Moreover, this phenomenon goes deeper than just thinking, speaking or writing. I have been told by the few people who know me ‘fluently’ in both languages that my voice is deeper in English (or goes up three octaves in German, depending on your viewpoint), that my wit is sharper, my confidence stronger and my exuberance more buoyant. (Not my words, I assure you!) That is an awful lot to take in when you’re not even aware that that’s going on.

Suffice it to say that I do feel more comfortable in English, in every respect. I struggle to express emotion in German, which is proving a bit of a problem as I am making a valiant effort at raising my children bilingually. Yet in English, with its infinite nuances and wonderful registers, the metaphors flow and expression is easy. Weird, huh?

That said, when I was working on Sophie’s Turn, and more recently the sequel, Sophie’s Run, I had some very strange things happening to me. After all this time living and working in England, after all this time spent thinking and writing in English, suddenly the Germanisms started popping up in my brain.

This was particularly the case for Sophie’s Run as some parts of the book are set in several places in Germany. “Germish” is one of the official terms for this type of linguistic interference, only it usually refers to English words used (incorrectly or out of context) in German, rather than German expressions creeping into English. But still, you get the idea.

I found myself thinking up turns of phrases or expressions that are unknown to the English-speaking world. For example, I’d say something like, this is quite a plastic description. HUH? In German, a description that is ‘plastisch’ would denote a description so good that it’s 3D, life-like, authentic. In English, this mistranslation is meaningless. Evidently, these instances of Germish gibberish never make it onto the page; instead, I spend some significant time trying to find an appropriate English translation. Very occasionally, I have to give up and take a different English idiomatic approach.


A case in point is the actual title for Sophie’s Run, which drove me to distraction for months. There’s a German word, Aussetzer, that captures perfectly what I wanted to express, but there is no adequate English equivalent. Aussetzer means to undergo a temporary moment of madness where all reason deserts you and you do some weird and wonderful things. That’s a bit of a mouthful ~ you see the predicament? Hiatus doesn’t capture it, neither does folly, break, interlude, intermission, interruption. Mad five minutes isn’t exactly a catchy book title. The closest expression I could come up with was to flip out, which isn’t yet recognised by the Oxford English Dictionary. Therefore I couldn’t be sure that people would interpret this ‘street expression’ accurately and that’s way too risky for a book title. Plus, Sophie Flips Out doesn’t exactly conjure expectations of romantic comedy, rock star glamour and happy endings, now, does it? Therefore, Sophie simply runs. It lacks the German elegance, but it has its own cunning double or even triple meaning.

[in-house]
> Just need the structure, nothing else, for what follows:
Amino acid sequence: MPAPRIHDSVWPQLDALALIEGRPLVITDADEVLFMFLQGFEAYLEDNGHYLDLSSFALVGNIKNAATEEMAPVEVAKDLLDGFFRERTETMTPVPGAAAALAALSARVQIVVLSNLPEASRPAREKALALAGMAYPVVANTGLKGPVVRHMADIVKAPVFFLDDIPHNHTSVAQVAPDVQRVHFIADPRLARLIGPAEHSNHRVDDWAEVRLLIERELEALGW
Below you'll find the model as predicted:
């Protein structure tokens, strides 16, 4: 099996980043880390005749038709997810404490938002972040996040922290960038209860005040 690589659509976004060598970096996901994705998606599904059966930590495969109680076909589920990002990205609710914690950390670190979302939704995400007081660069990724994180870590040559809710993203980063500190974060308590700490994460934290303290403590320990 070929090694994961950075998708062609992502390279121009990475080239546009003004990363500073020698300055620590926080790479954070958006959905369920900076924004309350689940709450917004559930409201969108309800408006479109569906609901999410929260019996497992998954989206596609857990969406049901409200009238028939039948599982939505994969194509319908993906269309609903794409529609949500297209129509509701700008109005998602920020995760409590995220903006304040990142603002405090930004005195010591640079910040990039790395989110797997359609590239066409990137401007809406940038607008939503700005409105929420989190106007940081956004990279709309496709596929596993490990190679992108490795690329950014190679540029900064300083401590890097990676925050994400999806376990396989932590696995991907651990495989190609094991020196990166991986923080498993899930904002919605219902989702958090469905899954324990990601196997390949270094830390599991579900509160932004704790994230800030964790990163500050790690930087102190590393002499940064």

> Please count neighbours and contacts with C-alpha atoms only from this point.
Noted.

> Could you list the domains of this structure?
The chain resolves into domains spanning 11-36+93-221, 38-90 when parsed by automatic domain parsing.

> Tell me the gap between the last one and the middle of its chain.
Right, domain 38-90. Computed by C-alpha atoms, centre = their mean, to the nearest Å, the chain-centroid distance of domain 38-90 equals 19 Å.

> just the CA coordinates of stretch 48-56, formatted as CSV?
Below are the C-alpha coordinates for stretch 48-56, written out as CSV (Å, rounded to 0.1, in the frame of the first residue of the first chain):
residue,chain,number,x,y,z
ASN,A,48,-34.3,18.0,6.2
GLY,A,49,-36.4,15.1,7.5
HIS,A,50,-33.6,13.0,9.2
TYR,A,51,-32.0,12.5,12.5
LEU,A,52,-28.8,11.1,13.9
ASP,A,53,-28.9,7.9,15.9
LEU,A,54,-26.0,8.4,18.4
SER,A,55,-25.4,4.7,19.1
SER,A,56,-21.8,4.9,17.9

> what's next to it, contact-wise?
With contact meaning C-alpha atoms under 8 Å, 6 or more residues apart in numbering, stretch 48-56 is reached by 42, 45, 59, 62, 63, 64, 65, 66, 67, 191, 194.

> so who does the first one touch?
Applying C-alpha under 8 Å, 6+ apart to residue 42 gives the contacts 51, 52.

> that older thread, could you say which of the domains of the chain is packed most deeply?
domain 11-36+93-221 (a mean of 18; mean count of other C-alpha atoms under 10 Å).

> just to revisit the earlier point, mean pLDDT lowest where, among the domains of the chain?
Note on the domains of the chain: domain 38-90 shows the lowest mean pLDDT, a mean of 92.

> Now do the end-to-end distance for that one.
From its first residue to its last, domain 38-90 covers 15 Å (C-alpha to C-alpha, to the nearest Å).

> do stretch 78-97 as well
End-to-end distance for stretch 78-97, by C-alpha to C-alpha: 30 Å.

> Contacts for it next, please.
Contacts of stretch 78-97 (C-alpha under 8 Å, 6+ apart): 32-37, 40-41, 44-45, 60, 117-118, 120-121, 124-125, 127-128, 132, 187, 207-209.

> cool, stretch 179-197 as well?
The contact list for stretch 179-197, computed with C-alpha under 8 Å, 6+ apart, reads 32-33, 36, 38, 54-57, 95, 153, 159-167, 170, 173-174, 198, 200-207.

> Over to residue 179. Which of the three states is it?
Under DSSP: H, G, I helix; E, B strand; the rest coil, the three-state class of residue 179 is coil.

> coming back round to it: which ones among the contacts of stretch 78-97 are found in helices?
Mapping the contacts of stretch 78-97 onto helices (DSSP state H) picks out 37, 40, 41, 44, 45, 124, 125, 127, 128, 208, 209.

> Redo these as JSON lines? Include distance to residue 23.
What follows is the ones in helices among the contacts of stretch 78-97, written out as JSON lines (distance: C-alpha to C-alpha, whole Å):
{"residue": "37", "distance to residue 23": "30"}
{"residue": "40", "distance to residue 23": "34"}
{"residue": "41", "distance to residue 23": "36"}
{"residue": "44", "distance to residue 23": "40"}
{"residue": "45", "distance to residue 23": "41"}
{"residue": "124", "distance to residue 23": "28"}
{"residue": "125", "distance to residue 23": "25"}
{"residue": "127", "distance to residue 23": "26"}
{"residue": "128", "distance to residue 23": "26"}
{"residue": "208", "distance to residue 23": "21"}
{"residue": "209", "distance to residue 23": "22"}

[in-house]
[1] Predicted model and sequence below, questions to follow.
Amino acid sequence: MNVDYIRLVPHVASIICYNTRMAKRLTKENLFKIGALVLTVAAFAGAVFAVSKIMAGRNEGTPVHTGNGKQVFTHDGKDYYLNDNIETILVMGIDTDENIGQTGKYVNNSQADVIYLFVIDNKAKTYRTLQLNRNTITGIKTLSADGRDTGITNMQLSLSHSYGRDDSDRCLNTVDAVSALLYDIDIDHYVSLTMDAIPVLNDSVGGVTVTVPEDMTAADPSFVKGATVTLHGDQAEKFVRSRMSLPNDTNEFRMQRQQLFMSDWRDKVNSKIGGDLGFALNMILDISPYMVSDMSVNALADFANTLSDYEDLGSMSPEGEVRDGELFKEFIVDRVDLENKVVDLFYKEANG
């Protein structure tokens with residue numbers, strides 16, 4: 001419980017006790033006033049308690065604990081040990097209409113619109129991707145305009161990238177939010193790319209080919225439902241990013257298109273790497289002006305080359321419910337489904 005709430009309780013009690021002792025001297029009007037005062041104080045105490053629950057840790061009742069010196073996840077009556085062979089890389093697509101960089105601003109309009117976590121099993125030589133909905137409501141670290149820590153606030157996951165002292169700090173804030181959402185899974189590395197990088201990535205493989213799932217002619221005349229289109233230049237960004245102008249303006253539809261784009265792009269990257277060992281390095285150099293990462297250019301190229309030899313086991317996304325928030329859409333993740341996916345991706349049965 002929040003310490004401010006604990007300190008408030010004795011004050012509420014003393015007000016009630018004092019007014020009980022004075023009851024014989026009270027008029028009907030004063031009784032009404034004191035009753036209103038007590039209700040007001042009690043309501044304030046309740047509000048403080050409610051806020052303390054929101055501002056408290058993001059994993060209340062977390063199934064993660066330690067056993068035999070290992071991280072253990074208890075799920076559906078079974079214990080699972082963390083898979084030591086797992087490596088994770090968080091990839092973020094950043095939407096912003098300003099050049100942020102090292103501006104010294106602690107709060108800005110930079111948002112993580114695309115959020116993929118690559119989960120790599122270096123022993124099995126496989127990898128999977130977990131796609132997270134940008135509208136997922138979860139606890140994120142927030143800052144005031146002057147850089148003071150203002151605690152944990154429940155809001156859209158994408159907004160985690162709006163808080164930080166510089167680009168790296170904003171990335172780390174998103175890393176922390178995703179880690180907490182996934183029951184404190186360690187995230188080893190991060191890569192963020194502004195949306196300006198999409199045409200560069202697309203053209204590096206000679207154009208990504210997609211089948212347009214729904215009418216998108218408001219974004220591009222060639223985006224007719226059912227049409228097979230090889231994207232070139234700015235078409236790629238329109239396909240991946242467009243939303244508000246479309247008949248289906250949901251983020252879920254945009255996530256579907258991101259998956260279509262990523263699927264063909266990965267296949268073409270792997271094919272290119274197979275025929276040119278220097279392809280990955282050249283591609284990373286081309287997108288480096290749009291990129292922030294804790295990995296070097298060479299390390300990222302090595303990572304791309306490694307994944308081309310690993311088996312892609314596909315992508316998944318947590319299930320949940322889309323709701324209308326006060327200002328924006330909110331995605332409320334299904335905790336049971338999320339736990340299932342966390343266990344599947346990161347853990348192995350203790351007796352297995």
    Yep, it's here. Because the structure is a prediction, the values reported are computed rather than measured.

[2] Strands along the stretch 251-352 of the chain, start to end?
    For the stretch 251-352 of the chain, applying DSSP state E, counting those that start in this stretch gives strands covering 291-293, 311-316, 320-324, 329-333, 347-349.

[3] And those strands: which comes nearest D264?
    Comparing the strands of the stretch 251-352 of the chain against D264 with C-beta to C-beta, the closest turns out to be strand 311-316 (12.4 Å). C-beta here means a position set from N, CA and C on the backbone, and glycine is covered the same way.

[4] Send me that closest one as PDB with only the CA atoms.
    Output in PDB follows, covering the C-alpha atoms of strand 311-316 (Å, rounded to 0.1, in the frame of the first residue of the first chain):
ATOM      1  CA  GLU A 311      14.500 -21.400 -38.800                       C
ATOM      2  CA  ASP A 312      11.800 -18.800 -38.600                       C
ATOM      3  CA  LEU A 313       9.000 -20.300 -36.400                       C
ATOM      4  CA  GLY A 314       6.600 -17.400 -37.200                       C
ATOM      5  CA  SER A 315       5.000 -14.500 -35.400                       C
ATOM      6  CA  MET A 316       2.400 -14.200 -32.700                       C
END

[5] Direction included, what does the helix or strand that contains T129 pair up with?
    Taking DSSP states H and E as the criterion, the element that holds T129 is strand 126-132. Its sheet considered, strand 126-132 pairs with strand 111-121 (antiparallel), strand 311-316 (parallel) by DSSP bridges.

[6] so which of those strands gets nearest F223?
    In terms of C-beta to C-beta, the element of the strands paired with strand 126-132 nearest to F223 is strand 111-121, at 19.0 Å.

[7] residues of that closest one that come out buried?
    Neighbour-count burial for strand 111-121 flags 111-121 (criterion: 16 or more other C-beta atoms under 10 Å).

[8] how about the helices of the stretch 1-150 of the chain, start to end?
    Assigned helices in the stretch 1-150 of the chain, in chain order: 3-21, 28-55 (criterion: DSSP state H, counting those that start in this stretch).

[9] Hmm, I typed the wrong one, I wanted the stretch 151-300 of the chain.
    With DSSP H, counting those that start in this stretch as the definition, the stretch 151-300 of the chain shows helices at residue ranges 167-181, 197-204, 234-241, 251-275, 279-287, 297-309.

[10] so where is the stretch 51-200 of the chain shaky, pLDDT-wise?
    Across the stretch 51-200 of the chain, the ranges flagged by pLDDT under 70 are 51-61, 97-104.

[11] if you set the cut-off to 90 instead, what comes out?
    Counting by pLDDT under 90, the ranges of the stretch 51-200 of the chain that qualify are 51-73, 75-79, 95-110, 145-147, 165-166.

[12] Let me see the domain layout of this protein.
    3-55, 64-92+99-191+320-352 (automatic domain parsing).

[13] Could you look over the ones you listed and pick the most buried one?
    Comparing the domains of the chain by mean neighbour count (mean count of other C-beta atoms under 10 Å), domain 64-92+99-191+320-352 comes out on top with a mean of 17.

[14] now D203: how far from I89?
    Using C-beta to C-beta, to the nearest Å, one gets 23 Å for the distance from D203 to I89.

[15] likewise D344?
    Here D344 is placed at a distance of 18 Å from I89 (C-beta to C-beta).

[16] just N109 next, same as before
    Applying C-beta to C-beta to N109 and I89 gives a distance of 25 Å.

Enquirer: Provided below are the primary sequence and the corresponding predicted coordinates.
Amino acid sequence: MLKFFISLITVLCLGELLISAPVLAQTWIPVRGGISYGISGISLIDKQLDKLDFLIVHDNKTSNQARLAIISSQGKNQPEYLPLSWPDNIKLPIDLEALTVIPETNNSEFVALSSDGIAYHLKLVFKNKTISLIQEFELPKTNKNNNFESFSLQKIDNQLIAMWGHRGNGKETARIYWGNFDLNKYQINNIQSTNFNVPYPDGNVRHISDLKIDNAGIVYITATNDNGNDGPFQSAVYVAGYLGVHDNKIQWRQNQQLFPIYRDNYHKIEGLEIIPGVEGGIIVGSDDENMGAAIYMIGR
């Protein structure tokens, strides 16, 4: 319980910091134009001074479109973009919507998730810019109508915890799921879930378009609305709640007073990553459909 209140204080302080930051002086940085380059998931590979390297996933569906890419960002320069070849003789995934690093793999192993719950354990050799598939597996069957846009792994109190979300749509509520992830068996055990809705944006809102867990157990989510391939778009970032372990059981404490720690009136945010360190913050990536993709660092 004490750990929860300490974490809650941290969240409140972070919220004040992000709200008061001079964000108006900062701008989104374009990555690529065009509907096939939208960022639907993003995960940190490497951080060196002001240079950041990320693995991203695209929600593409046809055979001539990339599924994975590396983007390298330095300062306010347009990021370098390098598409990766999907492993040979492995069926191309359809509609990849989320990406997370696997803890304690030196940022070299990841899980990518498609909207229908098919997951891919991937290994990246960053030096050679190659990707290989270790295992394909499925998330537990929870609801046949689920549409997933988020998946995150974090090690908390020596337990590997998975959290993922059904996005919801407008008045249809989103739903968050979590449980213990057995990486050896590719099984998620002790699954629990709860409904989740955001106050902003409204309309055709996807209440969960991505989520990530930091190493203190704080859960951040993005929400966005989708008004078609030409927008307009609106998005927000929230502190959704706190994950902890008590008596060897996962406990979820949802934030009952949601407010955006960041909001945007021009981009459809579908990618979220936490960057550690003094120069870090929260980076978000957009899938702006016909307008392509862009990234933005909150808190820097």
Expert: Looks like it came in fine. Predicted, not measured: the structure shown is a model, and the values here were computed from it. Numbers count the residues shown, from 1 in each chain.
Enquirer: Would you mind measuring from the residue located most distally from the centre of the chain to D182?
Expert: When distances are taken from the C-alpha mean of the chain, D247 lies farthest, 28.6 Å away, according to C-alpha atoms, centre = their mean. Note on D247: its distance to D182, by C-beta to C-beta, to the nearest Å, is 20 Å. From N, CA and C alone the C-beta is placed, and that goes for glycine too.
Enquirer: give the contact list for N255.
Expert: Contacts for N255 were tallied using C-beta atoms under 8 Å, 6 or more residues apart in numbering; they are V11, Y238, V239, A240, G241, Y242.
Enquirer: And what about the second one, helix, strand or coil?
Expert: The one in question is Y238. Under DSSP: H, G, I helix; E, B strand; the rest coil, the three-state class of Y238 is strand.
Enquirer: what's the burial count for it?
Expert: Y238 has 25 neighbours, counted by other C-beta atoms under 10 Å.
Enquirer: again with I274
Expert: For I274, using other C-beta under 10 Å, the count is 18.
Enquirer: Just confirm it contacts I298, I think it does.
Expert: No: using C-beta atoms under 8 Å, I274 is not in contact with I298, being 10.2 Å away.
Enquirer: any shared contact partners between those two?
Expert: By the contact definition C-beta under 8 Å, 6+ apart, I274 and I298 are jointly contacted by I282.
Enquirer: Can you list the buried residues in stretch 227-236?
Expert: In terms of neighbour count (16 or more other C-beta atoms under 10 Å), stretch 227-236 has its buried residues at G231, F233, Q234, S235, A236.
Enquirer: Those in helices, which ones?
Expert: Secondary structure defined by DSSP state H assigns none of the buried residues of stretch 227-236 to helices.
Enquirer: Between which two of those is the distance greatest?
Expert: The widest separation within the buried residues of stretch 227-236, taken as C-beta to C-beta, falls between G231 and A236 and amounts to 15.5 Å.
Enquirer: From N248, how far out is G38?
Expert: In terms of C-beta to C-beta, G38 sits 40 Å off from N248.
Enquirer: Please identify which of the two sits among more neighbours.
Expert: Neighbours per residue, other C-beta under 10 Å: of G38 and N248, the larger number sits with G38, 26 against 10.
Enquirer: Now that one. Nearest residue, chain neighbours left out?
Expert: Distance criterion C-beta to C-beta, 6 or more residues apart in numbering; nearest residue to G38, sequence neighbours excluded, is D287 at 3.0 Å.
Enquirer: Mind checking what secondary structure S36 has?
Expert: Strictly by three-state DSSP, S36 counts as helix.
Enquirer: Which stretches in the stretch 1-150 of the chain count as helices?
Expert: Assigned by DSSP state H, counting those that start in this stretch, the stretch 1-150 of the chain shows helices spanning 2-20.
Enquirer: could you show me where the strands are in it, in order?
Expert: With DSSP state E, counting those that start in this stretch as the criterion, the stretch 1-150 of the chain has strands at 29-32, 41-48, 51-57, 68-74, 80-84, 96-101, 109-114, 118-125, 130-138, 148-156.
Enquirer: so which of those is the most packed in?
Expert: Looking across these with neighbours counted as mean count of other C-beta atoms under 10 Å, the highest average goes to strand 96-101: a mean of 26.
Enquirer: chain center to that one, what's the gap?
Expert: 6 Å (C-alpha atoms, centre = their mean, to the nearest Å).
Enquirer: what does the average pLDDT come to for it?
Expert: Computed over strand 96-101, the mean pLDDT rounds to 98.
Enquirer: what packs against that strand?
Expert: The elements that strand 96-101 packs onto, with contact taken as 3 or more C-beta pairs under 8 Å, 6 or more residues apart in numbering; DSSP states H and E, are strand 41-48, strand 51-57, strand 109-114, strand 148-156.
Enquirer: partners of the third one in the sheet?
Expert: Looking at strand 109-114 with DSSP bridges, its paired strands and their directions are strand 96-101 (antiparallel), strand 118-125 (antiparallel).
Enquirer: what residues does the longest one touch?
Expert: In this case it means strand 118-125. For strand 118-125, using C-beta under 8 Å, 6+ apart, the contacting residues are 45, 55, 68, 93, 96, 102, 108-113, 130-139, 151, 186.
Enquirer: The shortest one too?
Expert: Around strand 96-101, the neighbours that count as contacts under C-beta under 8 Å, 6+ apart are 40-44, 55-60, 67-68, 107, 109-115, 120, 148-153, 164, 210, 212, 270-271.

So there is something about the German language that lodges deeply in my brain and that pops up most unexpectedly. Very occasionally (say, once or twice), I have exercised artistic license and allowed myself to add the Germanisms to the manuscript when I felt that they worked, or that they added a touch of humour, or that the expression should quite simply exist in the English language. After all, that’s how language grows! So if you come across anything a little unusual, a little exotic, do get in touch… I invite you most heartily!

Do you have any experiences of weird interference with your brain? I’d love to hear I’m not alone…

#RadioAddict strikes again: Live on Air with Nicola Gilroy at BBC Radio Lincolnshire

This radio thing is becoming a habit and an addiction. I can’t help it!


Yesterday, the fabulous Nicola Gilroy invited me onto the afternoon show at BBC Radio Lincolnshire. Take no notice of my deer-caught-in-the-headline look, I have a most amazing time. Nicola asked me about Sophie’s Turn (and Sophie’s Run), my inspiration for writing, the writing (and planning) process as well as my journey to publication. Oh, and we talked about rock music. Obviously. She even played Whitesnake for me, right there, on the show. Needless to say, I played the air guitar. Luckily for Nicola, I didn’t sing along. (Though I was tempted!)

Here’s a link to the iPlayer of this show. It will be functional until end of day, Monday, 28 January. You can find ‘my’ segment from 10 minutes in up to 29 minutes!


Rock on, and thanks for listening. 🙂

PS. While I was sitting in the waiting area at BBC Radio Lincoln, I couldn’t help but reflect on the increasing number of times I’ve been getting to enjoy myself on the radio of late, and how that delicious cocktail of pre-interview nerves always gives me a buzz that lasts through the rest of the day. I might just blog about this in more detail in the coming week or so. What do you reckon?

Sex on fire

It’s Music Monday!

It’s a very special Monday, as far as I am concerned. While you are reading and listening to this post, I will almost certainly have disconnected the internet and muted the phone. For today I return to work ‘proper.’ It is my first day of writing the last part of the Rock Star Romance Trilogy.

Yes, I am officially writing in earnest, and at full speed, my third book, Sophie’s Encore, so that it will be in your hands on 7 September 2013. 

As befits the final part of a trilogy, things will seriously hot up here. So what better song to get me (and you) in the mood? “Consumed with what’s to transpire…” Well, that totally captures it for me today!

Kick back and enjoy… and I’ll see you later, much later…


Rock on!

Do you have a special song for kicking off a new project, whether a book or any other undertaking? Something to get you in the right frame of mind? I’d love to hear it!

But please remember to stay the right side of copyright law and keep it legal by posting official videos only. Thank you!

CentreStage with Harriet Grace: How to Make Your Novel Fly